DENVER, CO, June 2, 2014 ( – A Colorado board has ruled that a Christian business owner must make wedding cakes for homosexual “marriages” despite his religious objections.

Business owner Jack Phillips came under legal fire in 2012, when he refused to bake a cake for Dave Mullins and Charlie Craig, who had traveled to Massachusetts for a marriage license, and wanted to celebrate in their home state. They sued on the basis of a state law that prevents the application of religious beliefs if one owns a business.

The Commission's ruling, which was issued verbally on Friday, orders Phillips to report every three months for the next two years on anti-discrimination training for his staff, and any customers who are refused service at his establishment.


“I can believe anything I want, but if I'm going to do business here, I'd ought to not discriminate against people,” said one of the Civil Rights Commission's seven members in a public statement.

Phillips' lawyer, Nicolle Martin, rejected the member's reasoning. “In America, we don’t separate a person’s creative expression from what he believes,” she said. “Jack simply exercised the long-cherished American freedom to decline to use his artistic and creative talents to promote a message with which he disagrees.”

Martin, who is allied with the Alliance Defending Freedom (ADF), said she is “considering an appeal to the Colorado Court of Appeals.”

ADF Senior Legal Counsel Jeremy Tedesco told LifeSiteNews that “the Commission did not give an explanation” of how its reasoning is consistent with the First Amendment. “It basically said discrimination is bad, this is discrimination, so our client loses. The Commission failed to wrestle at all with the First Amendment issues, but largely dismissed them as subordinate to the state’s public accommodation law.”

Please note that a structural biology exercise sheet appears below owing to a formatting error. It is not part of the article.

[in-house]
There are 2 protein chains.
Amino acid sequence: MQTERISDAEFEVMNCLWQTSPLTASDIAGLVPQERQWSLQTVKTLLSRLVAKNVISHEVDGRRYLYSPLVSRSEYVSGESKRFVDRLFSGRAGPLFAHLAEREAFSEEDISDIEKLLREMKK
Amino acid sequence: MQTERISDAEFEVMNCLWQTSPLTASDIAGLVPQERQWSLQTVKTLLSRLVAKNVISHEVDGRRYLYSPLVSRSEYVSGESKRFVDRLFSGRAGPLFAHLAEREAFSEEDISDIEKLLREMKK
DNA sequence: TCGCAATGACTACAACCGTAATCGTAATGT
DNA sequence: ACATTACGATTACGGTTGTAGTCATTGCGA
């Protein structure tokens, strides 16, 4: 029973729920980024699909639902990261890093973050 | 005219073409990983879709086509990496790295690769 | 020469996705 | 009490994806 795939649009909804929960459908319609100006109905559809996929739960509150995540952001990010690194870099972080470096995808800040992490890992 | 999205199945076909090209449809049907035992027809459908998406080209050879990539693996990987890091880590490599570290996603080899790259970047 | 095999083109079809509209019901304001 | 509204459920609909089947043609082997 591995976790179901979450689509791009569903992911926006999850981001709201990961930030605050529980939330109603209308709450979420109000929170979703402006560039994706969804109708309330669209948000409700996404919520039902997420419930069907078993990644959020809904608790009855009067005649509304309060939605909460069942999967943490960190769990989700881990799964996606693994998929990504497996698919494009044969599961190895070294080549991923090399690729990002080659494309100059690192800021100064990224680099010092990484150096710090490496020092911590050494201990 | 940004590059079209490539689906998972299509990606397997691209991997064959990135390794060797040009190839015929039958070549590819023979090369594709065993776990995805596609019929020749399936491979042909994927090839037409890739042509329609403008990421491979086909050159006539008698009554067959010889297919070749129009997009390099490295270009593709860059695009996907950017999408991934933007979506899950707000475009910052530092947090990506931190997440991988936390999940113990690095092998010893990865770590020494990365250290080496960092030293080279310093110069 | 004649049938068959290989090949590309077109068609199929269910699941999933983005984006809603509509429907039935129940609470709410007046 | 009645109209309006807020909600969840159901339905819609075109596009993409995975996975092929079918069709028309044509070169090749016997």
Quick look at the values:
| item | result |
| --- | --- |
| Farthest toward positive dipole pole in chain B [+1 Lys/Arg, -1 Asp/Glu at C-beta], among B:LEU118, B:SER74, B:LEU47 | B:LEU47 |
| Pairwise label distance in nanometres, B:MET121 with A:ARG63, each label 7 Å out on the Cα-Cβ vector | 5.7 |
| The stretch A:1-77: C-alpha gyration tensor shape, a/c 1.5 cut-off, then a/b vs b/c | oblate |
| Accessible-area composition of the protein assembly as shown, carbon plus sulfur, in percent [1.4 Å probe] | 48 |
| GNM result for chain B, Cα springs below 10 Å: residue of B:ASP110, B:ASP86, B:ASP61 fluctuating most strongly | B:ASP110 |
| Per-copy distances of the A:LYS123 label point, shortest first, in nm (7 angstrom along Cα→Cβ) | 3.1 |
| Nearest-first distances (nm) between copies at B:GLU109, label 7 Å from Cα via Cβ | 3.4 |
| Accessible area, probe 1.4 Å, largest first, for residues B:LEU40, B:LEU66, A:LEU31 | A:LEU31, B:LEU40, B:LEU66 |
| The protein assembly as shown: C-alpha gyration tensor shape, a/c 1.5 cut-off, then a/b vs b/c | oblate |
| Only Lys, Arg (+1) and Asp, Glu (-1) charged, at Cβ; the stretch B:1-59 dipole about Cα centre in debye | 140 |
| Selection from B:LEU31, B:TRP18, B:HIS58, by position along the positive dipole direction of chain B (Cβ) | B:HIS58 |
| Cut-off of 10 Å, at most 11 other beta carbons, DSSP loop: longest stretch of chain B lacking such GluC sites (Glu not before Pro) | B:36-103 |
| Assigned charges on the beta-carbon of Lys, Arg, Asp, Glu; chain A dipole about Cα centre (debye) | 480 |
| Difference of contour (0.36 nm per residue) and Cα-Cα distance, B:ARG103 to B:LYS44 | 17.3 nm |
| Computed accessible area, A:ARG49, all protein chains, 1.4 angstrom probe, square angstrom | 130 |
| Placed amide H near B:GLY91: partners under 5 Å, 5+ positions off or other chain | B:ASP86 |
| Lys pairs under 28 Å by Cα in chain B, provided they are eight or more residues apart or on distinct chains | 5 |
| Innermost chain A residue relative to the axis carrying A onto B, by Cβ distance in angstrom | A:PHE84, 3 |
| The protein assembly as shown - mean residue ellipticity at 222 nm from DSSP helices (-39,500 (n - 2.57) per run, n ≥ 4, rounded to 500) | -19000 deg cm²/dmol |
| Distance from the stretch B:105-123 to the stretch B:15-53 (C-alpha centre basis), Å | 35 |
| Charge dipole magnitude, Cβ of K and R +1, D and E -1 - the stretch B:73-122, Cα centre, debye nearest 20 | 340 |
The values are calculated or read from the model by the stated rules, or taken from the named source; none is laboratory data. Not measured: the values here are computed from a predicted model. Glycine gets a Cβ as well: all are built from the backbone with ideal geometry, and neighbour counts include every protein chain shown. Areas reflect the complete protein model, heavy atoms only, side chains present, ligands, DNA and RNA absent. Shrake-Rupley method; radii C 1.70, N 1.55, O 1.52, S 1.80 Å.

“We are claiming that the public accommodation, when enforced in a manner that compels our client to use his artistic talents and abilities to create expression he disagrees with on religious grounds, violates his First Amendment rights,” he said.

Bruce Hausknecht, judicial analyst for the Colorado Springs-based Focus on the Family, told LifeSiteNews that he agrees “freedom of religion is the first freedom in our Constitution. And as such, it ought to trump such things as non-discrimination that are designed to attack freedom of religion. The First Amendment ought to trump such laws with ease.”

“Gay activists have gone from asking for tolerance to demanding conformity, backed by the power of government,” he said. “This particular case is not much different from the New Mexico photographer case, or the florist in Oregon, or the other dozen or so public accommodations laws that have cropped up since the early 2000s.”

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Hausknecht says this case “is no different than a Jewish painter being asked to paint a picture of Hitler, or a kosher butcher asked to provide pork at a wedding, or a Muslim caterer forced to provide alcohol.”

“Could a gay photographer be forced to provide a wedding at the Westboro Baptist Church?” he asked.

Phillips, who was defiant to reporters after the Commission's ruling, said that Masterpiece no longer has to make wedding cakes because of sales of cookies and brownies to supporters. His business more than doubled after the lawsuit was filed.

Phillips has previously said that “If gays come in and want to order birthday cakes or any cakes for any occasion, graduations, or whatever, I have no prejudice against that whatsoever.”

He says “it's just the wedding cake” that is problematic, “not the people, not their lifestyle.”